The Horror Of ‘Hereditary’ Hits Home Hard

by Ben Martin

Prestige horror films aren’t something we are treated to much these days. However, in the late 60s and throughout the early 1980s the horror genre attracted its fair share of A-list filmmakers and actors. Generally, these high-class horror pictures strove to do more than scare the audience. Sure, that was the primary goal; but these films also created atmospheres drenched in tension and designed in a highly artistic fashion. Moreover, these genre pieces also tend to make their audiences think. Classic examples of prestige horror pictures include: Rosemary’s Baby (1968), The Exorcist (1973), and The Shining (1980).

More recent examples of prestige horror are: Get Out (2017), The Witch (2015), and The Killing of a Sacred Deer (2017). The latter two movies are low-budget productions, released by independent, art-house distributor A24 Films. Thus, it’s fitting that this distributor is also responsible for the recently released Hereditary. A film which is no doubt a prime example of high-class horror. Furthermore, the film in review is one I doubt most studios would touch with a twenty-foot pole.

Hereditary focuses on a family grieving the loss of their matriarch; with each member of the family processing the death in their own way. For Annie (Toni Collette), her mother’s death proves to be  psychologically and emotionally complicated. Though this isn’t surprising as their mother-daughter relationship was quite toxic. Meanwhile, Annie’s husband, Steve (Gabriel Byrne) and their teenage son, Peter (Alex Wolff) seem distanced from, if not relieved, by the loss. Then there’s youngest child, Charlie (Milly Shapiro), who had a close relationship with her late grandmother. Soon, supernatural occurrences begin, as it becomes apparent that Charlie still has a connection with her grandmother, even in death.

Now from that synopsis, Hereditary may not sound like anything new or original for the genre. However, I assure that you’ve not seen anything quite like this film before, and there are a couple of reasons for this. Firstly, for a significant portion of its runtime, this picture is just as much a domestic drama as it is a horror picture. More to the point, the horrific aspects of this movie are born out of the domestic environment. Not only does the entire cast present as a realistic and dysfunctional family, they’re dealing with issues everyone has experienced on one level or another. You might identify with familial loss and the grief caused by it. Or, you may know the complexities of dysfunctional family relationships and the problems that aren’t talked about within them. One way or another, though, I guarantee you that the horror presented in Hereditary will hit home with you.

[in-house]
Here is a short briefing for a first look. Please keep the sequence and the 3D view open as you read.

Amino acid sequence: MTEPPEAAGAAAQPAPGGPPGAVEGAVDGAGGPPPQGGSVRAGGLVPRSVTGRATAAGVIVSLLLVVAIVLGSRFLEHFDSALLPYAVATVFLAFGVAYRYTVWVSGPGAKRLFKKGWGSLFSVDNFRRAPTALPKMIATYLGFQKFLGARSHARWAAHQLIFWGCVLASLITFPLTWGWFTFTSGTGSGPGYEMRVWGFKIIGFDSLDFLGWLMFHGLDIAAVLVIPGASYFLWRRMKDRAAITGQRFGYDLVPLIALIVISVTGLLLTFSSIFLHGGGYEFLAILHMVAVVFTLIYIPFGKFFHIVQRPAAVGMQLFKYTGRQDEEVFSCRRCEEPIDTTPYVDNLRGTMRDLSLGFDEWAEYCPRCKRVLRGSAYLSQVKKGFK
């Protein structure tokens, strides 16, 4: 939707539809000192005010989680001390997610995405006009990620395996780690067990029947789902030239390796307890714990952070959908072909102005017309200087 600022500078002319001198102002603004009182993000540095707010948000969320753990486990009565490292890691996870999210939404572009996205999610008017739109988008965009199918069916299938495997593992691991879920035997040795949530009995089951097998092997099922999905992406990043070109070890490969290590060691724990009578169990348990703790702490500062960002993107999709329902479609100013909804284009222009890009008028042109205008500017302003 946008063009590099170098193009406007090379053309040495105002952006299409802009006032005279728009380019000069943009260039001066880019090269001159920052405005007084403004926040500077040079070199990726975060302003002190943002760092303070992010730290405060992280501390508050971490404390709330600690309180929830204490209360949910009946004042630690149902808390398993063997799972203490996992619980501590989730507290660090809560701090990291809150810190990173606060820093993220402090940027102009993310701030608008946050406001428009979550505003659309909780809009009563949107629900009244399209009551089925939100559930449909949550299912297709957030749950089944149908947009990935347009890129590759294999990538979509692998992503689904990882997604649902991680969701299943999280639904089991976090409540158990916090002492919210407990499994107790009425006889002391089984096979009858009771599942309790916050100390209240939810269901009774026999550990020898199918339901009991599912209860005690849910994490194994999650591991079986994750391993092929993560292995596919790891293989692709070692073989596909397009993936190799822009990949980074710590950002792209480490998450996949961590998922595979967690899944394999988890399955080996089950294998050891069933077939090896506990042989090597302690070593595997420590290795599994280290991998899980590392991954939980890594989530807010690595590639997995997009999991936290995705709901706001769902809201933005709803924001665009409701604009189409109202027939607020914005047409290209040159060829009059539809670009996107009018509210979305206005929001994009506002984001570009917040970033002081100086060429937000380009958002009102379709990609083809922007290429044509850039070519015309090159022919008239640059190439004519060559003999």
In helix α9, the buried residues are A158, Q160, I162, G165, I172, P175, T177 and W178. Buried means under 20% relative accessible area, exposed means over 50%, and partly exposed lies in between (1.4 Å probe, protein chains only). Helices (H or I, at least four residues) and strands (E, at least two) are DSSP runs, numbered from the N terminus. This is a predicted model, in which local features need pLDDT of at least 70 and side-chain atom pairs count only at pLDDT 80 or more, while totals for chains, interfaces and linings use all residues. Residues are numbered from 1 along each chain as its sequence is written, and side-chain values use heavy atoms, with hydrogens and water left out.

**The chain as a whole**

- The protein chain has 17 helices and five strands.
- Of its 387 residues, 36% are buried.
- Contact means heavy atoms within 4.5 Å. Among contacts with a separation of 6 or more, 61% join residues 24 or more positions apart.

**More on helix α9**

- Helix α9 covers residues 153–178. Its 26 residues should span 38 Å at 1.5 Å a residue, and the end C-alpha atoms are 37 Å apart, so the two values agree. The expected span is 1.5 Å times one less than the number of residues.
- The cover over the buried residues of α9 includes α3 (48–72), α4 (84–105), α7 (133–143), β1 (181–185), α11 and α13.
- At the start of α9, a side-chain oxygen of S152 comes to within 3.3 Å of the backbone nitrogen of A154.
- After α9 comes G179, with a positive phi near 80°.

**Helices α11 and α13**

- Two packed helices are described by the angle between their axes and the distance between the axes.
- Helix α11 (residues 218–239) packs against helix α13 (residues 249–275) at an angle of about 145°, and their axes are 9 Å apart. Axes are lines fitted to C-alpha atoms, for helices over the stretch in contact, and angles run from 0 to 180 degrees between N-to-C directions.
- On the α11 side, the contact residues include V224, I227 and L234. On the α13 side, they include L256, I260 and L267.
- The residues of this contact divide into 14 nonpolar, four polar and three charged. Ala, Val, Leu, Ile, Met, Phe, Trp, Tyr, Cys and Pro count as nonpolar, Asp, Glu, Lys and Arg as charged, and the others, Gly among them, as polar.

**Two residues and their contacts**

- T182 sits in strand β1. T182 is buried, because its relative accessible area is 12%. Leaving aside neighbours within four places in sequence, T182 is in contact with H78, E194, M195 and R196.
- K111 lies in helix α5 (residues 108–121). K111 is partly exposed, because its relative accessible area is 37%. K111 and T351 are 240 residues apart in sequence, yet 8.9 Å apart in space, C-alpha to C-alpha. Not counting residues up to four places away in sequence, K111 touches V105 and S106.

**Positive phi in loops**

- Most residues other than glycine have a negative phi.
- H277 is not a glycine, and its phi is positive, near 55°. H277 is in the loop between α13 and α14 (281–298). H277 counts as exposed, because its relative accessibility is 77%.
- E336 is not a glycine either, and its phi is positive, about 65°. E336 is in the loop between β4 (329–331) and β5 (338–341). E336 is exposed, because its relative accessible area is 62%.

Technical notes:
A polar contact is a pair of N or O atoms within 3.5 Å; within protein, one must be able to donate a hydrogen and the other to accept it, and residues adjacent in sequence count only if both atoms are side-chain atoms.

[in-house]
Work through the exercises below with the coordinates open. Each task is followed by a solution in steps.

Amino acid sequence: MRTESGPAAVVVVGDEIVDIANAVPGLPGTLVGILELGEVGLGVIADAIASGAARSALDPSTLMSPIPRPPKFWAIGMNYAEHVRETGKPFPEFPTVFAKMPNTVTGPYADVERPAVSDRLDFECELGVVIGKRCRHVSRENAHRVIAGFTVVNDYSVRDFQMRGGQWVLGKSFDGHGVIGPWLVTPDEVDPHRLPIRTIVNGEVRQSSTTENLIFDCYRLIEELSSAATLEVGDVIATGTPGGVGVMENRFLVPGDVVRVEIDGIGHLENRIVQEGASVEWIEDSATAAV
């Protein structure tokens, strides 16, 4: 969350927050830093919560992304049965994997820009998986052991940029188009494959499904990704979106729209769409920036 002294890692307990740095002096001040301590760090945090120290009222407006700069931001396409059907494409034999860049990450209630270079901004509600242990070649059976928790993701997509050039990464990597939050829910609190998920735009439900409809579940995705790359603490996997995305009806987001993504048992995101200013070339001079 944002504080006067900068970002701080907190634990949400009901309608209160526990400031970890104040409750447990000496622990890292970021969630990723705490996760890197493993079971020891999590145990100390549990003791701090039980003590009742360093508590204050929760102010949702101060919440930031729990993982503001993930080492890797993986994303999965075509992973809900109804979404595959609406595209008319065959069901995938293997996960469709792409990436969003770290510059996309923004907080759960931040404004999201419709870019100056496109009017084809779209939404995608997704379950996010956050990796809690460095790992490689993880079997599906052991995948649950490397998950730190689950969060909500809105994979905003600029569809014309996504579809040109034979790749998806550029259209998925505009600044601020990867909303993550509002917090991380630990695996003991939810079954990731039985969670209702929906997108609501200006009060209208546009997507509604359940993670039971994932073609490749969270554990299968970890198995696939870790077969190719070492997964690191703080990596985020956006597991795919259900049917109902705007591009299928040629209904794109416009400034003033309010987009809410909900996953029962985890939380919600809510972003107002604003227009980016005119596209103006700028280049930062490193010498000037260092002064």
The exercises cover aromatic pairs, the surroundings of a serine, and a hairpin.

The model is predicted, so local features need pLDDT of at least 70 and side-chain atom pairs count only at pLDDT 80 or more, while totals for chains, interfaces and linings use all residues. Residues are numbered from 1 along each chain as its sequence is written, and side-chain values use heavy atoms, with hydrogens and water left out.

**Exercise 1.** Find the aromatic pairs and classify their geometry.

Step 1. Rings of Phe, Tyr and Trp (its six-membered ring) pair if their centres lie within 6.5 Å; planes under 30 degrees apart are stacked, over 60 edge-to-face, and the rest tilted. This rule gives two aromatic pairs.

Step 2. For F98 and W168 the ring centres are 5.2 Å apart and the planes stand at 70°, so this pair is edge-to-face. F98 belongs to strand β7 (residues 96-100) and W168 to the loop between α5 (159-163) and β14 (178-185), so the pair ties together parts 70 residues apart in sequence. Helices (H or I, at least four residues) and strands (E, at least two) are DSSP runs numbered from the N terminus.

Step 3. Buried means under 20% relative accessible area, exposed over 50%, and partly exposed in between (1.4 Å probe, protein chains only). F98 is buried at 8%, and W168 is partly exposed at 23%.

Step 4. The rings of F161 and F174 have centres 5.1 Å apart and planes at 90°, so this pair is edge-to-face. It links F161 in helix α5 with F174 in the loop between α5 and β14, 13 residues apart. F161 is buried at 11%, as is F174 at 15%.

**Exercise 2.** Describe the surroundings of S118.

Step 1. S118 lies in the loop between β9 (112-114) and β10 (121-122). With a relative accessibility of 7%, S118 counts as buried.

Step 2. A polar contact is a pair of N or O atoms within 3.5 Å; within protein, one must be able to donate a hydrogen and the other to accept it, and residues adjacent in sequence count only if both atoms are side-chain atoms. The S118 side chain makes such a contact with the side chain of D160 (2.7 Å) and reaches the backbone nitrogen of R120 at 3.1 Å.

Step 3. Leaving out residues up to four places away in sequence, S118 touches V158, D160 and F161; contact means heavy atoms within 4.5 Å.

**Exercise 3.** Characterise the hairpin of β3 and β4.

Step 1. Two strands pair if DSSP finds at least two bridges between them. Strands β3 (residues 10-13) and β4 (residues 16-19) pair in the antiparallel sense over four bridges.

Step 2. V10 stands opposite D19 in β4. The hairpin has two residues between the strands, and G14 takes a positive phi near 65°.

Of course, every aspect of this film works because of the vision of first-time feature film writer-director Ari Aster. Previously, Aster had matters of the familial nature in his short films. With Hereditary though, he uses such a narrative to the fullest extent of the horror genre. And to say Aster, cast, and crew so in the most artistic and emotionally tangible ways, possible would be an understatement. Everyone involved in this picture is at the absolute top of their trade.

Such expert craftsmanship results in a film that makes its viewer incredibly uncomfortable if not flat-out scared. The visual and audible construction of this movie alone will make you squirm in your seat. However, when combined with all other film craft and Aster’s screenplay and direction; Hereditary becomes a terrifying cinematic experience. One which I feel needs to be experienced in a theater. As a matter of fact, Hereditary is such an experience that I was disturbed to the point of being nauseous twenty minutes into it. Mind you, this feeling wasn’t due to violence and gore, either.  Much a like a virus, my discomfort grew as the film proceeded to its nerve-racking conclusion. By the time I exited into the relief of the well-lit theater lobby, I had thought I might need to vomit as Hereditary had made me so physically uncomfortable. Thankfully, I didn’t lose my lunch; but that nausea took hours to leave me after the fact.

Folks, I’ve seen many movies and a lot of horror films, in particular. Never in my life have I had a film make me feel the way this film did. That discomfort stayed with me for days. Furthermore, Hereditary has buried itself in my consciousness. While I don’t have anything negative to say about this film; I will say that it’s not for everyone. However, if you’re the least bit curious, I encourage you to see Hereditary in a theater! After all, don’t you want to be on the forefront of a movie sure to become a horror classic?


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